The region of Navarre is small. Of the seventeen regions in Spain it has the second smallest population â€“ just half a million. It has the sixth lowest area and the fifth lowest density (just 49, against the national average of 76 persons per square kilometre). But, as they say, never mind the width, just feel the quality. The landscape and people is where it scores highly. The region is probably best known for its capital city, Pamplona with its famous festival where bulls and people run through the streets together.
Whenever there is talk of cave paintings, Alquedri en Urdax is usually mentioned as it has a very special collection. It is similar for the megalithic period as Navvare has 250 dolmens in over 40 sites. The best collections are in Artajona, Portillo and Goramendi. The best examples of Roman architecture are in the towns of Andelos, Pompaelo y Cara.
The buildings that stand out in the Romanesque style are: the monastery of Leyre,
Santa Maria la Real de SangÃ¼esa, hermitage de Eunate and the church of Santo Sepulcro de Torres del Rio.
Ecclesiastical buildings dominate in gothic architecture, especially the Cistercian Monasteries at Oliva, Fitero, Irache and Iranzu. Mention must be made too of the churches of â€“ San Miguel de Estella, Cathedral of Tudela, Cathedral of Pamplona, church of Roncesvalles and Santa Maria la Real de Olite. The most important civil building is the Castillo-Palacio.
There are numerous former palaces and grand building in the baroque style, now in civil hands, especially in Pamplona, Baztan and SangÃ¼ensa. Neo-classical tradition is usually found in relief works â€“ notably in the church of Ziga and on the faÃ§ade Pamplona cathedral
There are many local festivals, such as Corpus San Miguel, as well as the more traditional fairs with sheep dog competitions (Artzai Eguna) and trials of strength in local sports like log cutting( Aizkolaris) and stone lifting (Harrijasotzailes).
Countryside and wildlife
Variety is the term that best sums up the landscape of Navarre. The contrast between the high Cantabrian Pyrenees and the valley of the river Ebro produces habitats, economies and types of people of great diversity.
The location of Navarre makes it something of a climatic clearing house. It has four distinct systems â€“ Atlantic, Submediterranean, Mediterranean and Alpine. This has, in turn, produced a great variety of vegetation and species which mankind has managed for its own purposes. That is, more or less, the countryside we have today.
Much of the wildlife countryside is found within protected areas.
The most important sites are â€“ Parque Natural del SeÃ³rio de BÃ©rtiz, las Sierras de Urbasa y AndÃa (with a spectacular rock formation) and the arid zone of Bardenas Reales.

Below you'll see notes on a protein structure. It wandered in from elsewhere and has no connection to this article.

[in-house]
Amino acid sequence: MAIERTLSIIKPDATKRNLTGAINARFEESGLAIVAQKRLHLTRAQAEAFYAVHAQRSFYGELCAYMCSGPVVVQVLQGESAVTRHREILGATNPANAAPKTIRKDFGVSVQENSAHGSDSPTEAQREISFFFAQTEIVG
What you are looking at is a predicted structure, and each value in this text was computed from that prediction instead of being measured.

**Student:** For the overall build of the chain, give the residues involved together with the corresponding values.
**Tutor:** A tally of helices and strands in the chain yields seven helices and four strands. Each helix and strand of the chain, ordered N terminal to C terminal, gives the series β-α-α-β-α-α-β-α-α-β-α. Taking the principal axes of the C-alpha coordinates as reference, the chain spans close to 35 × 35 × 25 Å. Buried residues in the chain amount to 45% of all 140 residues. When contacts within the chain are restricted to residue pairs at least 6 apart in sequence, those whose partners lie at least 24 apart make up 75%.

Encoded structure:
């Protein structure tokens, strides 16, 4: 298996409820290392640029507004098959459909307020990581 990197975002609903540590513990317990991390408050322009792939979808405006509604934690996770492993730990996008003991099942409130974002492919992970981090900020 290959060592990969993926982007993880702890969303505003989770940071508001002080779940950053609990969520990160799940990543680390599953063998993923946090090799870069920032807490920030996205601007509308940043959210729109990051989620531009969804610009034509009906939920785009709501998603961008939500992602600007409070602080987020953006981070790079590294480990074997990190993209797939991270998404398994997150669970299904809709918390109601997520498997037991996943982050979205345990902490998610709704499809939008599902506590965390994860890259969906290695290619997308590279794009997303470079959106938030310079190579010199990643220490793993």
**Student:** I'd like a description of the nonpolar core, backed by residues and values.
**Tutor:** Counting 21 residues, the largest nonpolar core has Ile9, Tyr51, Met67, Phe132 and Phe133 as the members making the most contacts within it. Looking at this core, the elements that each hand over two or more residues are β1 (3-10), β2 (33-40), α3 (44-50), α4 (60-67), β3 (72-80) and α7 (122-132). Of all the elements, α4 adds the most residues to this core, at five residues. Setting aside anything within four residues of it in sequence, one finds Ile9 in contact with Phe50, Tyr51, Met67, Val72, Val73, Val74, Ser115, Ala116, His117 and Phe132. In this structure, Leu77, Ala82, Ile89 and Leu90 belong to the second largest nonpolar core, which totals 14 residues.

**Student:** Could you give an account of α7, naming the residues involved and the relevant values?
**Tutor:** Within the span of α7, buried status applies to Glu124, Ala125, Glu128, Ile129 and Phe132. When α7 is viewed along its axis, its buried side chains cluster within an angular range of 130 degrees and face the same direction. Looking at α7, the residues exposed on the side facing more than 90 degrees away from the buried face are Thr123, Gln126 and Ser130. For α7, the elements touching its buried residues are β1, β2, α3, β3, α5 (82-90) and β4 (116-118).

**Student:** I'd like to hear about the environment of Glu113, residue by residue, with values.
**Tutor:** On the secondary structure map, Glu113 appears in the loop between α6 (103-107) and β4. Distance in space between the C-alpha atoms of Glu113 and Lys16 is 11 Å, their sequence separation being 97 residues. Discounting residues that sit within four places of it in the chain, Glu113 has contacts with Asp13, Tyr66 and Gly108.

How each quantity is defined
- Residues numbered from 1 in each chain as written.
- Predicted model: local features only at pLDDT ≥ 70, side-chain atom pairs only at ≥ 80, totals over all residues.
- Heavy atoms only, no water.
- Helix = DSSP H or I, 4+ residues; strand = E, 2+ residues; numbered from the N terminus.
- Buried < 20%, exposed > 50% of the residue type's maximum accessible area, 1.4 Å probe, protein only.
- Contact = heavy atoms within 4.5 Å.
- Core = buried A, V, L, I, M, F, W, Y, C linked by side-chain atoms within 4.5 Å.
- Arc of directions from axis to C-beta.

Activities and sport
Such geographical diversity produces a lot of choice in what to do. The valleys and mountains offer hunting, fishing, hiking, mountain-biking, horse riding and much more.
If you would rather take to water you could try rafting, canoeing and boating.
If you donâ€™t want to keep you feet on the ground then try para-gliding, delta-wings, or ultra-lites. And if you canâ€™t handle mountaineering or rock climbing, bunging jumping is one way out. However, if you want to turn your back on it all, thereâ€™s pot-holing.
And if you want to come back in the winter you can enjoy skiing in the Navarre Pyrenees.
Getting there and about
The only airport in Navarre (built in 1972) is at Noain, which is close to Pamplona. This provides domestic flights to the major international airports, such as Barcelona, Santandar.
There are good motorway connections. TheA68 passes by Tudela and connects to Bilbao and Barcelona and the rest of the Mediterranean. The A15 is the principal connection to San Sebastian and the N1 goes to Vitoria.
There are some 120miles of national railway routes, mainly on the Zaragoza â€“ Alsasua line which links Cortes, Castejon and Pamplona.
Traditions and cooking
Navarre is a society where traditions and folklore are important. The main event is the internationally known week-long festival of Sanfermines (from 7th July) which seems to sum up the local character and approach to life. As well as the much photographed bull runs there are strong traditions of music played on ancient instruments such as the Txistus and Tamboriles. Most festivals conclude with the Nabarran Zanpantzarrak.
Local dishes are judged firstly on the quality of the ingredients and here local vegetables such as, asparragos, green beans, lettuce (cogollos from Tudela), broad beans, beans of SangÃ¼esa (las pochas de Navarra) and peppers of piquillo, stand out. Other well known local dishes include stews, lamb, rabbit, trout, cod ajoarriero and game dishes.
Local wines have now established a prestige market, as too have some cheeses, such as Roncal an Urbasa.
The first known inhabitants of Navarre were the Vascones, of uncertain origin, though they were influenced by the Celts and later resisted the Romans in the 1st century BC. The Romans built a fort at Pompaelo, now Pamplona. Though it was the occupation of this city by the Moors during the 8th century that provoked the rise of the Kingdom of Navarre. King Arista consolidated his control during the 10th century.
During the MiddleAges there were several Navarre dynasties and their support wavered between France and the Peninsula. However, this uncertainty was resolved when the Kingdom of Castile invaded in 1512, though Navarre was allowed a certain amount of autonomy and retention of their unique (consensual) law making. That lasted until 1841 when the region became an administrative area of Spain.
After the end of the Franco dictatorship Spain introduced democratic and devolved regional government, which was formally introduced in 1982 to Navarre. However, this process is continually being updated and Navarre is at the forefront of this process.